Your blog sometimes reads like a Herman Wouk novel (I'm thinking of "City Boy", of clumsy Herbie "constantly struggling against the consequences of his own quick wit"). More Wouk than Malamud.

    Although Malamud did say once that
    "Life responds to one's moves with comic counterinventions."

    He also said:

    "All men are Jews, though few men know it."

    Had you been drinking before your chess contretemps? Being sober when everyone else is drunk can be alienating. What would Descarte do, when everyone else is laughing and singing "I drink, therefore I am?"

    En passant, maybe you were projecting some real homophobia towards Michael, as you "targeted his queen."

  3. Jim Haygood
    March 26, 2008, 11:10 am


    En passant, maybe you were projecting some real homophobia towards Michael, as you "targeted his queen." – Oarwell


    Phil was unconsciously emulating Brenda Patimkin in "Goodbye Columbus," in the fierce tennis match where Neil Klugman encounters her on their first date.

    Life imitates art, as it were.

  4. LeaNder
    March 26, 2008, 11:32 am

    Absolutely funny, Phil!

    No, I do not think these traits are specifically Jewish. …

    I think I would enjoy to read "The Assimiliationist". Maybe in the end many would realize that there is less to "assmilation" than it seems.

  5. American
    March 26, 2008, 12:23 pm


    If you want to get a book published let me suggest you do one on the "Hyphen Americans".

    A real study on how we diverged from the "melting pot nationality" identity to the
    current concept of seperate ethic interest influencing overall US policies.

    How this new 'voting your "ethnic" and not American interest was fostered, all the interest, including the political establishment, that encouraged it and allowed it.

  6. Jessica
    March 26, 2008, 4:18 pm

    Gee, I am a WASP although from a lower-middle class family, and I am always "popping off." Alas, have I let down my culture and my people?

    My Jewish significant other, though, is uncomfortable at my family functions. "Why is everyone so quiet?" he will lean over and whisper to me. His other commment "What lurks beneath all that niceness?"

    WASPS and Jews are a tough mix, I think, but I have been with him for 20 years and am not leaving.

  7. from oslo
    March 26, 2008, 6:29 pm

    "My challenge is to exercise my mental powers without being an a—–e, which has never been easy for me, and which I believe is my own nuttiness, not a tribal trait."

    I agree 100%. Probably because I feel like that too. My partner (we've been together in the last 10 years) somehow made me aware of this.

    The fact that I grew up in France, spent years in Belgium and now live in Norway is certainly part of the mix. It's not a tribal trait. By the way, I'm an internet nerd born in West Africa. Go figure.

    PS: I'm a regular reader of your blog, but never comment :-)

    Have a nice day (A)mishigos !

  8. neocognitism
    March 26, 2008, 9:24 pm



    is actually a real word, used for decades,


    I've encountered it a great deal for years and years. People should use the word more.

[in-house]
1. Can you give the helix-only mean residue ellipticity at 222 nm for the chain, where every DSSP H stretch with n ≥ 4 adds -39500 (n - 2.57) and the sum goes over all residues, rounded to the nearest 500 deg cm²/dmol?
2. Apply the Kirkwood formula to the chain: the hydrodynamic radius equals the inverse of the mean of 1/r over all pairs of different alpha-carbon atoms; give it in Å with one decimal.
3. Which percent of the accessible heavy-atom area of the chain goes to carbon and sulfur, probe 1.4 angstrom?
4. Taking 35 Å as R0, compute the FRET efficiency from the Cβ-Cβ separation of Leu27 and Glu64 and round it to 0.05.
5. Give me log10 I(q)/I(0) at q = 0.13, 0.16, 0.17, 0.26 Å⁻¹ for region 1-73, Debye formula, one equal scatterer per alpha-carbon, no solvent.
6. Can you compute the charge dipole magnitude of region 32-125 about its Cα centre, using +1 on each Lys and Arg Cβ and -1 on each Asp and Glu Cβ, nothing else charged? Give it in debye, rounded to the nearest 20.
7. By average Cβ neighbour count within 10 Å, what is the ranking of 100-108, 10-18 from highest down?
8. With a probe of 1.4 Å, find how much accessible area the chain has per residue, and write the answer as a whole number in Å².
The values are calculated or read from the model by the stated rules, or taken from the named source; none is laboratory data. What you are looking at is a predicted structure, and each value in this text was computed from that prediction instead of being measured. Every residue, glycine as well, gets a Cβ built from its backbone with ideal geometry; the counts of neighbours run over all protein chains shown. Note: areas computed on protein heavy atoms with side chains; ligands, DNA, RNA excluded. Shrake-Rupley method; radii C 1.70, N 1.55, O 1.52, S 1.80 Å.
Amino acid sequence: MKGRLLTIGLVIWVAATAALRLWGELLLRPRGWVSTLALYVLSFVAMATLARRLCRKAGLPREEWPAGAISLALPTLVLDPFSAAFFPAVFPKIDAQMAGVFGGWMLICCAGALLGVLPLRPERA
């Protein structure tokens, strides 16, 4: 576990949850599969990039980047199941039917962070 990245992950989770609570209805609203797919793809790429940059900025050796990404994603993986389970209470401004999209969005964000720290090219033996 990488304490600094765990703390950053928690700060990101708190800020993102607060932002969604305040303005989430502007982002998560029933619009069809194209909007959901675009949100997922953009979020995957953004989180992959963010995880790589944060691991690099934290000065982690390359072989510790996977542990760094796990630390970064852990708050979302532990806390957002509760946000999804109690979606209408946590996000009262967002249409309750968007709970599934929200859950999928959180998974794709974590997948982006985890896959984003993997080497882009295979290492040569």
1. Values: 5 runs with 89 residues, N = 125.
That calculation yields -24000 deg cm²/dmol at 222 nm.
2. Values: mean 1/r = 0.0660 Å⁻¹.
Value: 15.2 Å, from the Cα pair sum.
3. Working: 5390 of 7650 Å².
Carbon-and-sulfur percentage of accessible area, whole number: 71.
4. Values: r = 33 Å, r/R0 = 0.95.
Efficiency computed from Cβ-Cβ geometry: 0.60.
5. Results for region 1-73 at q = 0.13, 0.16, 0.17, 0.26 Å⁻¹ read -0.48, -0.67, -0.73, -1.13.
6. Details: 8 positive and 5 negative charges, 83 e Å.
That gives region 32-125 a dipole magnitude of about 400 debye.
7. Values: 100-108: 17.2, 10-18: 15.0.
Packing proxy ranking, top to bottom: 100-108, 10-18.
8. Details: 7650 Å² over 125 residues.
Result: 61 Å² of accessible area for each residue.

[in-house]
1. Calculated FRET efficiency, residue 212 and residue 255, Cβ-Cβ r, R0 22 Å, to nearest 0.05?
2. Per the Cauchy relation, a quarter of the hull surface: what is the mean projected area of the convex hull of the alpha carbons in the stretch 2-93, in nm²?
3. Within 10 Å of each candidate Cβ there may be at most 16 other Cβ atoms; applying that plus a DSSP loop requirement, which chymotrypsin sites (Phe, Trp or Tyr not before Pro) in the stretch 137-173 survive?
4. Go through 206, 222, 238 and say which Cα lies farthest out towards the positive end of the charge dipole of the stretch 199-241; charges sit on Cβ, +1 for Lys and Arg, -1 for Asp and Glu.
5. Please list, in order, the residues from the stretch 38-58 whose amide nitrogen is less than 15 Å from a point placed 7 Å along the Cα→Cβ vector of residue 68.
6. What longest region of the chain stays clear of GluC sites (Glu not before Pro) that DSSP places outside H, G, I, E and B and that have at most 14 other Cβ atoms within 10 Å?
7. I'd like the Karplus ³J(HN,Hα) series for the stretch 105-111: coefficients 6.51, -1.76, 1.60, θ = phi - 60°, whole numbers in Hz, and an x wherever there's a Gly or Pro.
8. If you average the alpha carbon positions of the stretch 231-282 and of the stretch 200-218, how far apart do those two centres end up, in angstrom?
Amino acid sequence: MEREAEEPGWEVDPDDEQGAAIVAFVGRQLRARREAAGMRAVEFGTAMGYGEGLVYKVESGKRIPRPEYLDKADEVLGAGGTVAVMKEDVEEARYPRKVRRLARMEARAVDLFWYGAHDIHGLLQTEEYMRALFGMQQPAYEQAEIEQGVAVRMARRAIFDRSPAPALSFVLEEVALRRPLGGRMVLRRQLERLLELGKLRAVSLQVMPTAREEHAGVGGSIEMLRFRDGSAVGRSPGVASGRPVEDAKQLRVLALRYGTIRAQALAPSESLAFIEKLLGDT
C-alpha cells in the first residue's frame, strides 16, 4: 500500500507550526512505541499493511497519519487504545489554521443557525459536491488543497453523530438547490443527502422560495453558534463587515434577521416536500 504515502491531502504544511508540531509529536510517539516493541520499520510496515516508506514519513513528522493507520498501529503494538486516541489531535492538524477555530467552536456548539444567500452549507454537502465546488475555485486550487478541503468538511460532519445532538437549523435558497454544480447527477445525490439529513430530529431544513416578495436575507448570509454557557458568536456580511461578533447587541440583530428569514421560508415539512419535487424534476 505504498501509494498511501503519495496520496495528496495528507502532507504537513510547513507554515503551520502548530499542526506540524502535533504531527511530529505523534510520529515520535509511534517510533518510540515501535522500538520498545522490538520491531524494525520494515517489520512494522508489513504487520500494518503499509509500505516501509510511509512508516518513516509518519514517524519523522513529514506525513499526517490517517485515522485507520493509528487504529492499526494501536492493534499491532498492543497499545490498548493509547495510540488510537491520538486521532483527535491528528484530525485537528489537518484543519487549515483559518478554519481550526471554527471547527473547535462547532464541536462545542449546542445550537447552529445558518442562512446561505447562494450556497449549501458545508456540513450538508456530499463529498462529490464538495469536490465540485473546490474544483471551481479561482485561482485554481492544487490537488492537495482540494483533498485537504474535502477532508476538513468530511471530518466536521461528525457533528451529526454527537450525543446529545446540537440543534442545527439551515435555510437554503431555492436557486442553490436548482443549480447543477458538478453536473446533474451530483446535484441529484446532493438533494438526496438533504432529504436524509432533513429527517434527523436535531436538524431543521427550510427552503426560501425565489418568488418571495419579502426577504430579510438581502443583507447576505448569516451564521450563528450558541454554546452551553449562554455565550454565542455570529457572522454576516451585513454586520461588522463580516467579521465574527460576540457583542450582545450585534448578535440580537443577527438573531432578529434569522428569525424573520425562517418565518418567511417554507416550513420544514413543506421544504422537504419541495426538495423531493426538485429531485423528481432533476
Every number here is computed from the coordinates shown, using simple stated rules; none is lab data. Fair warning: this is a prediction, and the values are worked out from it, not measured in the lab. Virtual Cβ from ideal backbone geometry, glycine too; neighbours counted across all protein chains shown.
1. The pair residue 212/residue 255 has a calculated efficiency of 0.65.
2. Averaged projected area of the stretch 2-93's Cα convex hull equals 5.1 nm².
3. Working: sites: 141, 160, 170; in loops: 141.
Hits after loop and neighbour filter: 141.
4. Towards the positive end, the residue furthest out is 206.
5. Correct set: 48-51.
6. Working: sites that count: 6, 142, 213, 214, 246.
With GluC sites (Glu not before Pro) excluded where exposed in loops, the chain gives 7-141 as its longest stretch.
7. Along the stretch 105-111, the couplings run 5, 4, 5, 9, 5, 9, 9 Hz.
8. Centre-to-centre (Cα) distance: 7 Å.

9. peters
    March 27, 2008, 12:01 am

    I want to put in a vote here in this very fascinating discussion. I am a wasp, episcopalian, etc . etc. and I find myself flummoxed over and over again socially by the "new manners". Which seem to me by the way as lack of manners. I am sorry that sounds so stuffy and priggish but it is quite shocking to the system to be attempting to make people feel at ease and to include them in general bonhomie, and then be whacked with aggressiveness or competitiveness or bragging. Or even worse, people taking your niceness as weakness or an invitation to preen.
    I don't see it as specifically Jewish. But I have noticed that Jewish families tolerate a lot more aggressive behavior between thenselves.

  10. Charles Keating
    March 27, 2008, 7:38 am

    Referring to the statement attributed to Malamud above ("All men are Jews"), Philip Roth remarked way back in 1960, "In fact, we know that is not so; even the men who are Jews aren't sure they're Jews." Roth was pointing out that the contemporary scene of 1960 was not represented by Malamud's work, wherein the people depicted lived in a timeless depression and a placeless Lower East Side; Roth opined their society was not affluent, their predicament was not cultural.

    Does Phil Roth's fiction represent the specific interest in the anxieties and dilemmas and corruption of the contemporary Jew, the Jew Jews think of as characteristic of our times?

    Or is he outdated. How about Phil Weiss's blog? The latest pages of Commentary?

    Steven Garfinkel (ISOO director from 1980-2002) and J. William Leonard (2002-2007) have been the voice of classification authority across three decades and five presidential administrations. They inspected, oversaw and reported to the President on the government’s classification and declassification programs. And last week they were listed among eight proposed expert witnesses for the defense in the AIPAC case, formally known as USA v. Steven J. Rosen and Keith Weissman.

    As deeply knowledgeable classification officials, Mr. Garfinkel and Mr. Leonard might have been expected to testify for the government in a case involving classification policy. The fact that they are testifying for the defense indicates what?

  11. ellen
    March 27, 2008, 7:59 am

    "her own background, WASP, entails being well-bred."

    Another way to look at that would be that being wasp entails hiding one's feelings, being aloof, not being engaged.